This is a large semi-circular painting (lunette) with several figures arranged to accomodate the shape of the canvas. It is night time, so the scene is enveloped in darkness. In the top center area, there is an angel, surrounded by bright light, who holds out a golden goblet toward a man kneeling before him. This man, with arms outstretched, looks up toward the goblet and the face of the angel. His face is illuminated by the light. He is wearing a bright red robe and a dark blue cloak. In the left foreground, there are three men who are sleeping. Two are sitting on the ground and the third, an elderly man with white hair, is reclining in front of them. They have dark blue and brown cloaks wrapped around them. On the lower right, shown in the far distance, is a group of people walking toward the kneeling figure. This scene is painted in dark tones of brown, green, blue and gray, except for the red robe of the kneeling man and areas on faces, arms and legs which are highlighted by a bright light.
This painting depicts a scene from the Passion of Jesus Christ, as told in the New Testament. Following the Last Supper, Jesus and three of his disciples went to the Mount of Olives so that he could pray. He asked Peter, James and John to stand guard, but they fell asleep. During his time of prayer, Jesus accepted his fate, " My Father, if this chalice may not pass away but I must drink it, thy will be done" (Matthew 26:42). Judas brought soldiers to the Mount of Olives and betrayed Jesus with a kiss.
Here, Jesus is shown kneeling with his arms outstretched toward an angel who holds a goblet. These two figures are illuminated by a bright light that provides a strong contrast with the surrounding darkness. On the left are the three disciples. John, in a brown cloak, sits asleep with his head propped on an arm. James, in a blue cloak, sits slumped over. Peter, an old man with white hair and beard, lies sleeping on the ground. The figure of Christ and the grouping of the disciples follow the curved shape of the lunette frame which was designed to fit in the architectural space of a church chapel. On the far right of the painting, in the distance, Judas leads a group of people who are walking toward Jesus.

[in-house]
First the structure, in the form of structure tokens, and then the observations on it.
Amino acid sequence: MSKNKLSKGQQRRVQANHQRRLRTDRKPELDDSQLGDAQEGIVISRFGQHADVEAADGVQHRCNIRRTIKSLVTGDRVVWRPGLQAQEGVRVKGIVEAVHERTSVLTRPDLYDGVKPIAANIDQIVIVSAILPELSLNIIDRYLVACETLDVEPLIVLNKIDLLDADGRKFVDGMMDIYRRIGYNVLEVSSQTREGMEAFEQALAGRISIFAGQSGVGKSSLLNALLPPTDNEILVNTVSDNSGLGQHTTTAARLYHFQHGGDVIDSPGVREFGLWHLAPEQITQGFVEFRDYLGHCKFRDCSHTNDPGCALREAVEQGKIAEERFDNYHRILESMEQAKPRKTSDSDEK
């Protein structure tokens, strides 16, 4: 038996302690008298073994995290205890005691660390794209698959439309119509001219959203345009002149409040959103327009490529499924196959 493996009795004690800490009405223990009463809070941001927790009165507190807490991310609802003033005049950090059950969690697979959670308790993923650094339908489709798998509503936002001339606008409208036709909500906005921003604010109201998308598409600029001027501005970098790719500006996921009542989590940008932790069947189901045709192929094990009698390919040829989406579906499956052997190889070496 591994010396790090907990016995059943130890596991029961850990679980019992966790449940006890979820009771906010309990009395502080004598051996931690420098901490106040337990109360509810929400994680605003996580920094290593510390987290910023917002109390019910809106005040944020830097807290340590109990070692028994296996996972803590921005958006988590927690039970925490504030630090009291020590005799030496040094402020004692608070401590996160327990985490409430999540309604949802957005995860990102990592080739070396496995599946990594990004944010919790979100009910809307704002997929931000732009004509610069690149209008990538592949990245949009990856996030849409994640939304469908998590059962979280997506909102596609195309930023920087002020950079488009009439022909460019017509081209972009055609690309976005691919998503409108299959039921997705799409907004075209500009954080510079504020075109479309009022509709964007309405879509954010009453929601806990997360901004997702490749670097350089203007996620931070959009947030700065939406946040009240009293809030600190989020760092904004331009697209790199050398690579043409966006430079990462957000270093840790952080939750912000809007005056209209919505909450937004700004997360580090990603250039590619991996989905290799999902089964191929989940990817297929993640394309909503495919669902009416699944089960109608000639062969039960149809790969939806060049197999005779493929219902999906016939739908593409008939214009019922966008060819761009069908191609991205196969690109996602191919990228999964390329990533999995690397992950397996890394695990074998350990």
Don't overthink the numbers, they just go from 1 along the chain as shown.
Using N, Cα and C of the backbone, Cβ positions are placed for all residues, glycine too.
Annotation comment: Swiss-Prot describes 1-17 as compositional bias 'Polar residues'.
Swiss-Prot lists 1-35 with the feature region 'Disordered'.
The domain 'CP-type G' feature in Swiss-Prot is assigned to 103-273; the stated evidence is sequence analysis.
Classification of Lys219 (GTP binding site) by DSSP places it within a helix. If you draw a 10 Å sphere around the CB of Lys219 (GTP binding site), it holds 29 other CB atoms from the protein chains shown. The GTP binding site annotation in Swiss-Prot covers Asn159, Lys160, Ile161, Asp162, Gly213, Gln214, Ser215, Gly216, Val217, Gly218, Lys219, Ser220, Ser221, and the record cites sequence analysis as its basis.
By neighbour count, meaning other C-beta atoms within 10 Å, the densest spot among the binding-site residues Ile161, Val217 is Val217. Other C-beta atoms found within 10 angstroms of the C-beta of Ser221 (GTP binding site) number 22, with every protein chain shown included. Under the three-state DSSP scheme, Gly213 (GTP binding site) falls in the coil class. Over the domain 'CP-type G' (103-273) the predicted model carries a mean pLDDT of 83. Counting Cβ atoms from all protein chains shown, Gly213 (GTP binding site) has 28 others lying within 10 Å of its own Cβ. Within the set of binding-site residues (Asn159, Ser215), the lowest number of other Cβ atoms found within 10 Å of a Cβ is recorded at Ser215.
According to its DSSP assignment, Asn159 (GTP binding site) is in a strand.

It is thought that Dirck van Baburen created this copy of his original painting, that hangs in the San Pietro in Montorio church in Rome, as a replica to show to the Spanish king who commissioned the Pièta Chapel paintings. The chapel was decorated with scenes from the Passion of Christ during 1615-1620. There is a companion to the Baburen lunette painting titled, "Mocking of Christ," by David de Haen. Baburen's "Entombment," which hangs over the altar, is considered one of his best known works.
Ink sketches depict a large female profile in the upper left corner facing right, a female head in the lower center, a smaller female head in the right center facing upwards, and a smaller female profile in the left center facing downwards. There is empty space in upper right quadrant.
This sheet, cut from a larger sheet, features a study of a woman’s face in profile in the upper left. Her hair is bound. A nearly frontal view of another woman’s face is at the center bottom of the sheet. She looks down to her left and wears a jeweled headpiece or crown. Three other smaller and more lightly sketched heads also appear on the sheet, two along the left edge and one on the right.
The heads are all lightly drawn with a finesse characteristic of della Bella, one of the most talented and prolific draftsmen and printmakers of the seventeenth century.
This ink sketch on paper contains a woman in the upper center hunched over with a bundle on her back. The lower half contains two rough sketches of female figures with a sketch of an obscured female profile in between.
This sheet has drawings of four female figures. The upper half of the sheet shows a woman standing full-length in profile, facing right. She leans forward and carries a large bundle on her back. Three other women are sketched in the bottom half of the sheet. On the left is a half-length figure of a woman seen from the back wearing a dress. To the right is the head of a woman in profile wearing a headscarf. On the right is a woman, drawn to her hemline, standing in three-quarters profile facing right, wearing a heavy robe. The reverse has sketch of a young male turning to face slightly backward with left arm upraised.
Stefano della Bella was one of the most talented and prolific draftsmen and printmakers of the seventeenth century. This sheet with several small, rapidly executed sketches testifies to his practice of working directly from observation.